Hot Summer News from RCV for Texas!


Ranked Choice Voting or Instant Runoff Voting?

Dallas City Council Refers RCV to Committee for Further Review

Customize Your Communications Preferences

SPOTLIGHT: Exciting Changes to RCV for Texas Leadership


Ranked Choice Voting or Instant Runoff Voting?

How about both?  The terms are used interchangeably.  Instant runoff voting puts emphasis on eliminating low turnout costly runoffs.  Ranked choice voting stresses the voter's candidates preferences.

Dallas City Council Refers RCV to Committee for Further Review

The Dallas Charter Review Commission completed its once a decade process to amend its city charter, including Charter Amendment 2, which called for switching from a runoff election system to a ranked choice voting system once state law permits. The commissioners voted to forward the RCV amendment to the City Council for approval.  Council members decided not to put RCV on the November ballot, but to instead refer it to committee for discussion of a way forward.  The City Council is interested in RCV, but was hesitant to make that change without a state law permitting its use.

Customize Your Communication Preferences

RCV for Texas is working on changes to allow for communication preferences for supporters. New sign-ups can choose if they only want to receive Action Alerts, or also want to receive newsletters, or all meeting and other announcements too. Our current supporters can now specify their preferences by filling out this short form

SPOTLIGHT: Exciting Changes to RCV for Texas Leadership

Ranked Choice Voting for Texas is delighted to welcome two new Board members and an Executive Director to our organization.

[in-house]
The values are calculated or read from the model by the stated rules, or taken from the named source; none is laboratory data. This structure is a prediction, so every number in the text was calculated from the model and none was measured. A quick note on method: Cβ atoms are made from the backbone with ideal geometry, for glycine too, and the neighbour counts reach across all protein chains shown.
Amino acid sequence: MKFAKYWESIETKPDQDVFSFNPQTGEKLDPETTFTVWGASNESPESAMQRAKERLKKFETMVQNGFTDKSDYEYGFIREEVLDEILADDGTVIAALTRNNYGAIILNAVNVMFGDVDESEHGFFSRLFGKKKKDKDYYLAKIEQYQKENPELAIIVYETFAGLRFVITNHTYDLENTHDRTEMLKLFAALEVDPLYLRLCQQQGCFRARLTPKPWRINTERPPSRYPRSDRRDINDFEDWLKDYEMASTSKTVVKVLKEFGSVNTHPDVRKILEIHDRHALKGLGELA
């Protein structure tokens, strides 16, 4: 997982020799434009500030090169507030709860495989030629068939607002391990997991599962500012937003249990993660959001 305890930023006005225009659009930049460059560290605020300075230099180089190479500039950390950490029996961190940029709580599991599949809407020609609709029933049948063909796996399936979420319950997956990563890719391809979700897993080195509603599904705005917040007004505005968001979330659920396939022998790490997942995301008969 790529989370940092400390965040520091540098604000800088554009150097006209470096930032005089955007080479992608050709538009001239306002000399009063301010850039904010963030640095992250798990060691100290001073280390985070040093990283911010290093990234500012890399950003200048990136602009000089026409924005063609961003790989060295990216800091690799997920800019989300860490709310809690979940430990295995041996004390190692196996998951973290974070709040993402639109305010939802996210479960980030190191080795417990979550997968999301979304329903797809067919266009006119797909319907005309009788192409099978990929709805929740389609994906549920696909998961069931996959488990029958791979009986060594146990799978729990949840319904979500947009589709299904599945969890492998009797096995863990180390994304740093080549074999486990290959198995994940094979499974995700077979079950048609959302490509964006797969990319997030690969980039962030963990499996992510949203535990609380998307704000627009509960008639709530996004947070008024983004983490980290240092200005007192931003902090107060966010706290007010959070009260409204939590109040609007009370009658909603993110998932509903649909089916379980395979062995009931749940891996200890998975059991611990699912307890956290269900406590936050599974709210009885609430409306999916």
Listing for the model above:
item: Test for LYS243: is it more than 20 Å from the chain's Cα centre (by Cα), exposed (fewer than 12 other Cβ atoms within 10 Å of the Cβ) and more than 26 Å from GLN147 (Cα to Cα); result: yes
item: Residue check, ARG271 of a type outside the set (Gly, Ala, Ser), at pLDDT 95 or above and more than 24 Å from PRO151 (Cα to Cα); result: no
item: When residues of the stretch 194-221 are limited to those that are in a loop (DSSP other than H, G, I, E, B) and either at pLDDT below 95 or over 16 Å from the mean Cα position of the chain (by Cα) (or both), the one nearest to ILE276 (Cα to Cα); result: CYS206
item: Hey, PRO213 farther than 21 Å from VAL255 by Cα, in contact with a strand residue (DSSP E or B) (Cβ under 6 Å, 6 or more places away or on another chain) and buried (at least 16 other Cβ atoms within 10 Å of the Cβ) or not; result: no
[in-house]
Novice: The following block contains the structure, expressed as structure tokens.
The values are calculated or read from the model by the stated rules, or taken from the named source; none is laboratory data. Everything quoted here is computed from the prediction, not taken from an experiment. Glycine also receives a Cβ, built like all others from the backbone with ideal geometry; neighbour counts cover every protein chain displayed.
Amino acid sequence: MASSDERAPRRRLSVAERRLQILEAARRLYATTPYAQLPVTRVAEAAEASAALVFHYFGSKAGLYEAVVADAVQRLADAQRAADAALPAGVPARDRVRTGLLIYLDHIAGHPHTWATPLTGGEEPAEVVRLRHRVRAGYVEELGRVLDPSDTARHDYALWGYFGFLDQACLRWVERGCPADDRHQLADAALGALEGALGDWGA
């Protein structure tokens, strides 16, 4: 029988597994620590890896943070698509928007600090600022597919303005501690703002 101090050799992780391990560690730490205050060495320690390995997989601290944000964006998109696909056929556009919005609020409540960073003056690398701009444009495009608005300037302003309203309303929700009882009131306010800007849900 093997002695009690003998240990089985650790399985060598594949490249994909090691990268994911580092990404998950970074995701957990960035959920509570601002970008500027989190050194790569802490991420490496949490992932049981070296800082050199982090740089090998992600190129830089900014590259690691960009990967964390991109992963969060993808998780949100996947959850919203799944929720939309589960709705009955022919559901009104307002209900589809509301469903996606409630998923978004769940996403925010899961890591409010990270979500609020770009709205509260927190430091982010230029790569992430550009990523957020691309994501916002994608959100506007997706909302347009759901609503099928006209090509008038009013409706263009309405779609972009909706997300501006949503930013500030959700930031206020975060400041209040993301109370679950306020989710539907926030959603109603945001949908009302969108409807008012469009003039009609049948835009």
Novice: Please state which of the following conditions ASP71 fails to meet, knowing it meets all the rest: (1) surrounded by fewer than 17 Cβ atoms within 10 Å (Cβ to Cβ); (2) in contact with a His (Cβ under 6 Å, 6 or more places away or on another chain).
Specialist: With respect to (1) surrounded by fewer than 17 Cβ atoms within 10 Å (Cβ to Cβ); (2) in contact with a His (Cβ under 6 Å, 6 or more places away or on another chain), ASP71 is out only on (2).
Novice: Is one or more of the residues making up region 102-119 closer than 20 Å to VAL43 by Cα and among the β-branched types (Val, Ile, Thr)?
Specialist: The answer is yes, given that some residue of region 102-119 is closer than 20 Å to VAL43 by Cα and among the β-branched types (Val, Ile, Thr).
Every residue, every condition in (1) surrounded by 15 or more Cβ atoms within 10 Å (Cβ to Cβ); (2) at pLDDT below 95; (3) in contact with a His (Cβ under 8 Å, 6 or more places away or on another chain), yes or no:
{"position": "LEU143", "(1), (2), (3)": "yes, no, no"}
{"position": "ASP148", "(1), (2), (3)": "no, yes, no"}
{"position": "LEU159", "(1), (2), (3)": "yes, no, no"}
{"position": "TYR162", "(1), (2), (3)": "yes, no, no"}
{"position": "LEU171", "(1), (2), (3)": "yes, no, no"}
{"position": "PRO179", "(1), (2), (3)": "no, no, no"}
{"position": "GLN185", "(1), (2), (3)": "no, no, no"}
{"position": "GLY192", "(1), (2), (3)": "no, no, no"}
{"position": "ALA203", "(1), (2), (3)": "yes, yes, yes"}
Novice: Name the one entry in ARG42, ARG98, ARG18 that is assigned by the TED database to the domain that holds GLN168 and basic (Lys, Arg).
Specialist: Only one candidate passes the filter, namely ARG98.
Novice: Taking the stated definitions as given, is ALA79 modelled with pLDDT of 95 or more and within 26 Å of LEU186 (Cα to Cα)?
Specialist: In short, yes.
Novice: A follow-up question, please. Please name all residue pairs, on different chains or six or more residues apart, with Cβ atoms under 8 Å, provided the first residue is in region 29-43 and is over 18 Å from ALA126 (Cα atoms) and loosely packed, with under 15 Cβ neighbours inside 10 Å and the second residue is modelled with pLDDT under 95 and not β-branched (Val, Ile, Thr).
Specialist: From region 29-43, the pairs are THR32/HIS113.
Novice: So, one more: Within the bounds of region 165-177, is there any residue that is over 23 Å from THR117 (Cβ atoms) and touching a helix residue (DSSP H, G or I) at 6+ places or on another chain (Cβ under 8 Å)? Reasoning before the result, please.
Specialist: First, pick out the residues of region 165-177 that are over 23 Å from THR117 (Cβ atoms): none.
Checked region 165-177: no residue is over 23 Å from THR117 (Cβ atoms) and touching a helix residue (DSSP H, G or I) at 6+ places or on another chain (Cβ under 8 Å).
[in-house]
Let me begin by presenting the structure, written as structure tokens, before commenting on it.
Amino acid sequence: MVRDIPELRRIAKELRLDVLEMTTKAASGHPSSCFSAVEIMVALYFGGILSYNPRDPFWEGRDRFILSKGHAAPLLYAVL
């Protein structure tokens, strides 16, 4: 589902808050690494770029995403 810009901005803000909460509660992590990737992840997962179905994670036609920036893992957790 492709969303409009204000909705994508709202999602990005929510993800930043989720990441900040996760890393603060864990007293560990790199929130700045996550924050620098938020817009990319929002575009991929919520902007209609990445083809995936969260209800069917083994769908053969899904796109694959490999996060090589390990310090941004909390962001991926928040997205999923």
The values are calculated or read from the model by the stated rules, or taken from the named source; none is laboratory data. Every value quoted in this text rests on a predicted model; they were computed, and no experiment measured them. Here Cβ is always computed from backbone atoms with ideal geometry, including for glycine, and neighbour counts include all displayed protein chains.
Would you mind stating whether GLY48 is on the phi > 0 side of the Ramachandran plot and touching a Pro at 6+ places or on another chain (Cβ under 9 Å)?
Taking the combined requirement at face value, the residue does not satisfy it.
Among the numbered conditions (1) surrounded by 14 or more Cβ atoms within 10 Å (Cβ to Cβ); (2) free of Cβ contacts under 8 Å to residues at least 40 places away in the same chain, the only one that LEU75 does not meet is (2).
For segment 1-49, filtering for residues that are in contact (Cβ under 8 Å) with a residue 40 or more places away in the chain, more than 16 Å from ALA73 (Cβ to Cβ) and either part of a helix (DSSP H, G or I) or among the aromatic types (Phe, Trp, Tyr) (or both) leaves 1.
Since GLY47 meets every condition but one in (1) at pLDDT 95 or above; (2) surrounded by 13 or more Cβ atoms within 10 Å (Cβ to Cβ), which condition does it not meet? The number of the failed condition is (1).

Board member David Comeaux is the former Chief Counsel, Labor and Employment Law, McKesson and Shareholder, Ogletree Deakins.  Before law school he had a brief career in hotel management at Hyatt, PKF Hospitality and Westbrooke Hospitality.  He earned his JD from the University of Houston Law Center and his Bachelor of Arts from The School of Hospitality Management at Michigan State University.  

"People respond to incentives.  In the context of politics, candidates are motivated to demonize their opponents and focus on personalities instead of policies." 

"In our current "choose one" voting system, voters are motivated to vote for the candidate they think can win rather than their preferred candidate.  Ranked Choice Voting offers the best hope to encourage politicians to focus on the issues rather than personal attacks.  At the same time, if fully empowers voters to support their preferred candidate."

Board member Mary Beth Gilbert practiced health care law and closely follows federal and state health policy.  She has spent years volunteering for Make-A-Wish, NAMI Great Houston, MD Anderson Hospital, and as a guardian ad litem for Child Advocates.  She is a politics and policy enthusiast active in Principles First, Braver Angels and No Labels.  Mary Beth graduated from Marquette University and the University of Texas Law School.

"As a new member of the Board, I hope to develop grassroots support for instant runoff voting by distilling down the complex laws and rules that limit voter choice in a way that motivates average Texans to get involved."

"I believe instant runoff voting will not only be more efficient (fewer expensive, low turnout runoff elections), but will encourage candidates to try to EARN the vote of a broader swath of citizens.  Elections and campaigns can return to the business of civil discussion of policy and trying to persuade one another rather than angering one another.  Political change is never easy, but right now it is needed more than ever to give voice to the exhausted majority of Americans."

Executive Director Lora Schafer